HA! No such thing. But if you want to make sure you don’t buy something like
and wind up with something like
Be sure the roses you buy are “own root,” which means just what it sounds like it means. If these roses freeze to the ground, any new shoots they send up will be just like the parent plant.
Own root was once the rule, but it hasn’t been for a long time, so unless the tag says otherwise, you can assume that the rose you’re buying is a grafted plant made of two roses: the big flowered beauty you see on top, and a fast growing, hardy, adaptable something else providing the roots underneath.
Frequently, the else underneath is a climber named Dr. Huey, introduced in 1920 and still going strong.
He’s vigorous; he withstands frost; nematodes bother him not. He’s just down there waiting for the prima donna on his head to freeze or falter – or for the gardener to fail to notice that those healthy-looking new shoots do not look quite right.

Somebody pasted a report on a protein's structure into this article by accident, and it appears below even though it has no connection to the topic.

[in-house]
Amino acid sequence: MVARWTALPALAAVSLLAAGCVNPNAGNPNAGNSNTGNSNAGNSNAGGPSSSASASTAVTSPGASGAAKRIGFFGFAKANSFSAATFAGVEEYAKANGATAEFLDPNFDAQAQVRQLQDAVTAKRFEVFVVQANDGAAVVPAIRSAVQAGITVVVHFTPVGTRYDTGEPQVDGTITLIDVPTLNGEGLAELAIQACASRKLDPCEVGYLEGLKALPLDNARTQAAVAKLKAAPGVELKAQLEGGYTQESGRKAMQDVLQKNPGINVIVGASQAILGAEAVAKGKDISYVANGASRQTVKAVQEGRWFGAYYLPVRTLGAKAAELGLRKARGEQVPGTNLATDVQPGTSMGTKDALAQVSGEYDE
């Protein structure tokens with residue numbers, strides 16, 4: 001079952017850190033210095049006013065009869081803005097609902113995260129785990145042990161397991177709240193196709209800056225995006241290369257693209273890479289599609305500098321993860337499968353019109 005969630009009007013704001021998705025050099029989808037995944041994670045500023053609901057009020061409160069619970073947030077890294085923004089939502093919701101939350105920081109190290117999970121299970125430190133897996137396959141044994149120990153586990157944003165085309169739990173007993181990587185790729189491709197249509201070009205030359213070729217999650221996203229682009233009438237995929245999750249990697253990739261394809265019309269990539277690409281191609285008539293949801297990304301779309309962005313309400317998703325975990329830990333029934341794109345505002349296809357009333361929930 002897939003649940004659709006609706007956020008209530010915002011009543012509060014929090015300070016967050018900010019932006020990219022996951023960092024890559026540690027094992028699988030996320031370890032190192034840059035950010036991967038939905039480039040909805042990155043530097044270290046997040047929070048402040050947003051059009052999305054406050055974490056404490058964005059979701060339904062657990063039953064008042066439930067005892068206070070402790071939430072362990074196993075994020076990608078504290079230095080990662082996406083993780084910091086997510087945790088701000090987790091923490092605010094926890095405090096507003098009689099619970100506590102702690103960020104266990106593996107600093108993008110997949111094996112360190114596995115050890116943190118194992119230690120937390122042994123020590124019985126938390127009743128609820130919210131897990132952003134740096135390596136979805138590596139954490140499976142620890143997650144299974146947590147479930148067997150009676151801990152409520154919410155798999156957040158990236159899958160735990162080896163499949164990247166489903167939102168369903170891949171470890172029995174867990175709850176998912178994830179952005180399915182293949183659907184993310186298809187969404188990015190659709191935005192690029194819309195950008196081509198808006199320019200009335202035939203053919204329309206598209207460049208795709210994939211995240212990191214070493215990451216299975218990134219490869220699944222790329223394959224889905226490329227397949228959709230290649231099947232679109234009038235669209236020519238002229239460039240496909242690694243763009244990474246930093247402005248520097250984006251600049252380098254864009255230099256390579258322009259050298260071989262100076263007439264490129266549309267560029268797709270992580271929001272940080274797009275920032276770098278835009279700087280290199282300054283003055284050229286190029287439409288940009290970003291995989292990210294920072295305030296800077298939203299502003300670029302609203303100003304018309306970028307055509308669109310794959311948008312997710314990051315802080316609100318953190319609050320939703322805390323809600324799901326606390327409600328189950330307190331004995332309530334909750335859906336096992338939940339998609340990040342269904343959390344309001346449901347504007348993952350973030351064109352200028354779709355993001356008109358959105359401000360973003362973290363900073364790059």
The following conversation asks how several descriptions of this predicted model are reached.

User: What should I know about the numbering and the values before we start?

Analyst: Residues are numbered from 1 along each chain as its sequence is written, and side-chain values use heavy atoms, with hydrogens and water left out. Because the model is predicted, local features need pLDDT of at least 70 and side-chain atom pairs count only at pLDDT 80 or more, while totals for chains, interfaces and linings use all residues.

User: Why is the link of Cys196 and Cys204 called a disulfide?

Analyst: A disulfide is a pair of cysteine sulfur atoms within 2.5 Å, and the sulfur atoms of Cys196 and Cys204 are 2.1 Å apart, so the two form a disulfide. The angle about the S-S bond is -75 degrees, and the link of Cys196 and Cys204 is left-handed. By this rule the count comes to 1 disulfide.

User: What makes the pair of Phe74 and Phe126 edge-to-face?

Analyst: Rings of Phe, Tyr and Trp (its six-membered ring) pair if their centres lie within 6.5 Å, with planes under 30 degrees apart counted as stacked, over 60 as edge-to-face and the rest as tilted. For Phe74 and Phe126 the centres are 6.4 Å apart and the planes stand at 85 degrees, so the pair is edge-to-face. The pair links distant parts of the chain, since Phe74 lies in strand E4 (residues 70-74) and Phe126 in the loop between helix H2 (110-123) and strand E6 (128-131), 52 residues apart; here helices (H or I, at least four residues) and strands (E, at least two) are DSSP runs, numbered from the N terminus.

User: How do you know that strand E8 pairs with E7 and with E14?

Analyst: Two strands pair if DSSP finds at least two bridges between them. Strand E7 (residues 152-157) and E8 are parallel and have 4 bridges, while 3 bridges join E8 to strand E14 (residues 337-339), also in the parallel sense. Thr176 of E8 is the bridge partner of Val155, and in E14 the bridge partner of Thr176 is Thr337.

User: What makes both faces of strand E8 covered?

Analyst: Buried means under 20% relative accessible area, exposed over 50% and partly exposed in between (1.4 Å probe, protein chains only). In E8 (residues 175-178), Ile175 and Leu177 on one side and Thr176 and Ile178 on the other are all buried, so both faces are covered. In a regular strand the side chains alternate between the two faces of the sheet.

Given his chance, Dr. Huey makes long thin canes that climb 8 to 10 feet if given support. Unsupported, they arch and tangle into a mounding shrub. The open blooms are a rich dark red to purple red and there are a lot of them – for about 3 weeks in late spring.
To see Dr. Huey in person almost anywhere in America, just look in places where fancy roses may have come to grief: in cemeteries, in older, established neighborhoods with front gardens, near farmhouses that have lost their farms to housing developments.
To avoid seeing Dr. Huey in your own garden, look for roses that have no choice but to be themselves or perish. Even mainstream suppliers like Jackson and Perkins are getting on the own root bandwagon, so own root roses are easier and easier to find.